Source: International Organisation for Migration (IOM)
COVID-19 was the defining issue of 2020, and as the United Nations celebrates International Migrants Day today and considers how we might reimagine human mobility, we mark the contributions migrants are making and the virus’ impacts on their lives. The pandemic disproportionately affects migrants who often find themselves on the margins of society. Despite caring for the sick and providing essential services, they are too often the first to lose their jobs and the last to be rehired, excluded from essential social services, unfairly ostracized as carriers of the disease and, in extreme cases, left as prey to those who would take advantage of their vulnerability.
The global pandemic highlights the crucial role of remittances for migrant families.
COVID-19 and its impacts have had far-reaching consequences and exacerbated inequalities. For the 800 million people in over 125 countries reliant on migrant family members sending money home – money that many can no longer receive – COVID-19 is more than a deadly virus; it constitutes a devastating and immediate blow to their development, imperilling their access to health, education, housing, and nutrition. The UN Network on Migration calls on public authorities, service providers, the international community, and stakeholders to together address the damaging impacts wrought by COVID-19 on remittances. In 2019, remittances were valued at an estimated US$554 billion. With mobility and employment restrictions resulting in a projected 20 percent decline in remittances, many children and families stand to lose a lifeline as a result of COVID-19 and measures put in place to reduce its spread. Recent guidance on COVID-19 and People on the Move, recognises the heightened vulnerabilities of migrant workers and their families to the immediate and long-term socio-economic effects of the COVID-19 crisis; and urges that their inclusion in COVID-19 responses will be critical to realizing the Sustainable Development Goals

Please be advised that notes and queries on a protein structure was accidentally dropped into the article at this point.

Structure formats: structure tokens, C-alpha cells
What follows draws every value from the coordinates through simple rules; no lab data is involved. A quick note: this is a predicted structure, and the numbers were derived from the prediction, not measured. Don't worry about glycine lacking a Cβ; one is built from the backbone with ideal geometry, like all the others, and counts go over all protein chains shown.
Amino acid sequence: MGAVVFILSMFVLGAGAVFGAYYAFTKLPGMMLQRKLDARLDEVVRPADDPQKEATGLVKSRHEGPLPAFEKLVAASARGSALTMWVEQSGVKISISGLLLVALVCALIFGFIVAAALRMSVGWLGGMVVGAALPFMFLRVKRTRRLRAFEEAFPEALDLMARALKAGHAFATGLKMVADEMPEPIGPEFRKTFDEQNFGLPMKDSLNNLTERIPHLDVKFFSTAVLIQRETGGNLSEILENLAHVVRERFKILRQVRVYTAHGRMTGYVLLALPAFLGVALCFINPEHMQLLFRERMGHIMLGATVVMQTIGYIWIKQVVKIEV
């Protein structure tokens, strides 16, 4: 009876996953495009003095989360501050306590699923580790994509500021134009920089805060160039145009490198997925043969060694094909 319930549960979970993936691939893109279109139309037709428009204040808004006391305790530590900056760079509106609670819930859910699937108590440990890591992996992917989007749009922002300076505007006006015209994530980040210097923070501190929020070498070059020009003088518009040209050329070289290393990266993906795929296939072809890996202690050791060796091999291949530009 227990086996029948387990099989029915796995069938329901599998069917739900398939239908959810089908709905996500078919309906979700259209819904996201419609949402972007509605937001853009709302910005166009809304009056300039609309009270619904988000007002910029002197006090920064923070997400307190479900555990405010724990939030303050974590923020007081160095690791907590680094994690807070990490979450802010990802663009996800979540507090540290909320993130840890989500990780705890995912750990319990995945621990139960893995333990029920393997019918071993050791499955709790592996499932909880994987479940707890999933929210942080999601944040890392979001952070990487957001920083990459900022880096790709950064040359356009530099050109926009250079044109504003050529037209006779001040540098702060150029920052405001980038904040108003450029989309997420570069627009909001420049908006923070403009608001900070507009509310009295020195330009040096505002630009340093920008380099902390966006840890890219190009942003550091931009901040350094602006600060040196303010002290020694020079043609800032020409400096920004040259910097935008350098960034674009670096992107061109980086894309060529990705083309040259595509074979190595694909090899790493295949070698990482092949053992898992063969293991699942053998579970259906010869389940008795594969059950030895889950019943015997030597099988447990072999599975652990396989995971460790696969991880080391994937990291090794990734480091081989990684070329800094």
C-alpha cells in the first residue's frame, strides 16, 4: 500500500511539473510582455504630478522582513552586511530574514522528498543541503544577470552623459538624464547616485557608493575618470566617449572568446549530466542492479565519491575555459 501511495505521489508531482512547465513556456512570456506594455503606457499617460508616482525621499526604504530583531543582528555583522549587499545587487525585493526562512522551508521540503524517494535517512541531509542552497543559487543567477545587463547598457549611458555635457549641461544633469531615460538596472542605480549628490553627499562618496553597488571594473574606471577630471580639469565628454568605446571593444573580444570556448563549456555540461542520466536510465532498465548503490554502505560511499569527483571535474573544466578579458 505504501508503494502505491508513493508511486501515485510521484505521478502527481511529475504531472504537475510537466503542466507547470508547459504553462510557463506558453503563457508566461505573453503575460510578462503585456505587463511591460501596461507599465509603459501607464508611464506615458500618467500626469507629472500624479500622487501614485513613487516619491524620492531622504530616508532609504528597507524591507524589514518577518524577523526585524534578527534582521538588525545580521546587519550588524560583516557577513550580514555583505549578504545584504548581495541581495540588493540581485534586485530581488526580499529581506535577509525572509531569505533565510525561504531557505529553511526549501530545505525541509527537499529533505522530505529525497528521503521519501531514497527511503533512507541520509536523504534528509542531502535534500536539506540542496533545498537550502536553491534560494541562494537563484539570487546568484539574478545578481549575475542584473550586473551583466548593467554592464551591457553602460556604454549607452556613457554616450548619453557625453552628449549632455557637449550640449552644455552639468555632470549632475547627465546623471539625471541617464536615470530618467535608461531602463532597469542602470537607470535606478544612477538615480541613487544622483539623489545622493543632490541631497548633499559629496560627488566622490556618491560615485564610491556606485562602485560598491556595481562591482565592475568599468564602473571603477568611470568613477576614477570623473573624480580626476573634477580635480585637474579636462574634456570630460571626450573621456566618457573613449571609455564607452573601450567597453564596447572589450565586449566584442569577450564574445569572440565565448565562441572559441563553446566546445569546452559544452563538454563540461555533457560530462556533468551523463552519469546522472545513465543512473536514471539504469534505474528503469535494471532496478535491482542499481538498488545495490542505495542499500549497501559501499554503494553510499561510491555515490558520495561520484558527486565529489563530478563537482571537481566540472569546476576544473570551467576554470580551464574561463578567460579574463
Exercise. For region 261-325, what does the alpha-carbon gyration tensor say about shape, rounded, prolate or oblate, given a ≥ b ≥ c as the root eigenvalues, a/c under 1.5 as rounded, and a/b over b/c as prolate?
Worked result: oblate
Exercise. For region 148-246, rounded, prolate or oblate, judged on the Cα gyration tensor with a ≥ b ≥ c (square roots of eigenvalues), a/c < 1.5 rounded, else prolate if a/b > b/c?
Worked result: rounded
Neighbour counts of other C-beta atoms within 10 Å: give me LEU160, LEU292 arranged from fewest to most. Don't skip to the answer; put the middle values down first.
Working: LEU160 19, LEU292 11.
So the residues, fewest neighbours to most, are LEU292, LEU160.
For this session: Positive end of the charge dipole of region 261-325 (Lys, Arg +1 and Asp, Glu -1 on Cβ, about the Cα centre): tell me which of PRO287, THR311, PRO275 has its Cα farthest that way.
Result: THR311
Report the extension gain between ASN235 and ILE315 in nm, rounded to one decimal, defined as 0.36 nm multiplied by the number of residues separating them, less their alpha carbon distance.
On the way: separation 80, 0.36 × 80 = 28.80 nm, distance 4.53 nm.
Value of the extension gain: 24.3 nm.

Mediterranean Migrant Arrivals Reach 14,854 in 2020; Deaths Reach 219
IOM reports that 14,854 migrants and refugees have entered Europe by sea through mid-March 2020. That is an increase of almost 50 per cent over the arrivals reported on three principle migratory routes crossing the Mediterranean at this point last year, when IOM recorded 10,771 irregular arrivals to Europe by sea. Most of the increase can be attributed to transit along the eastern Mediterranean route linking the Middle East and Africa to Greece, which has recorded about 2,500 more arrivals through these early weeks of 2020 than were reported through this point in 2019. Arrivals also are higher to Italy – to 2,738 in 2020 compared to just 398 at this time last year – and to Malta, which has recorded 1,1135 arrivals so far this year, compared to 136 at this point in 2019. The Mediterranean’s western route to Spain shows the sharpest drop in arrivals – to 3,803 in 2020 from 5,491 last year.
Sustainable Reintegration of Migrant Returnees in Africa Tackled at “European Development Days”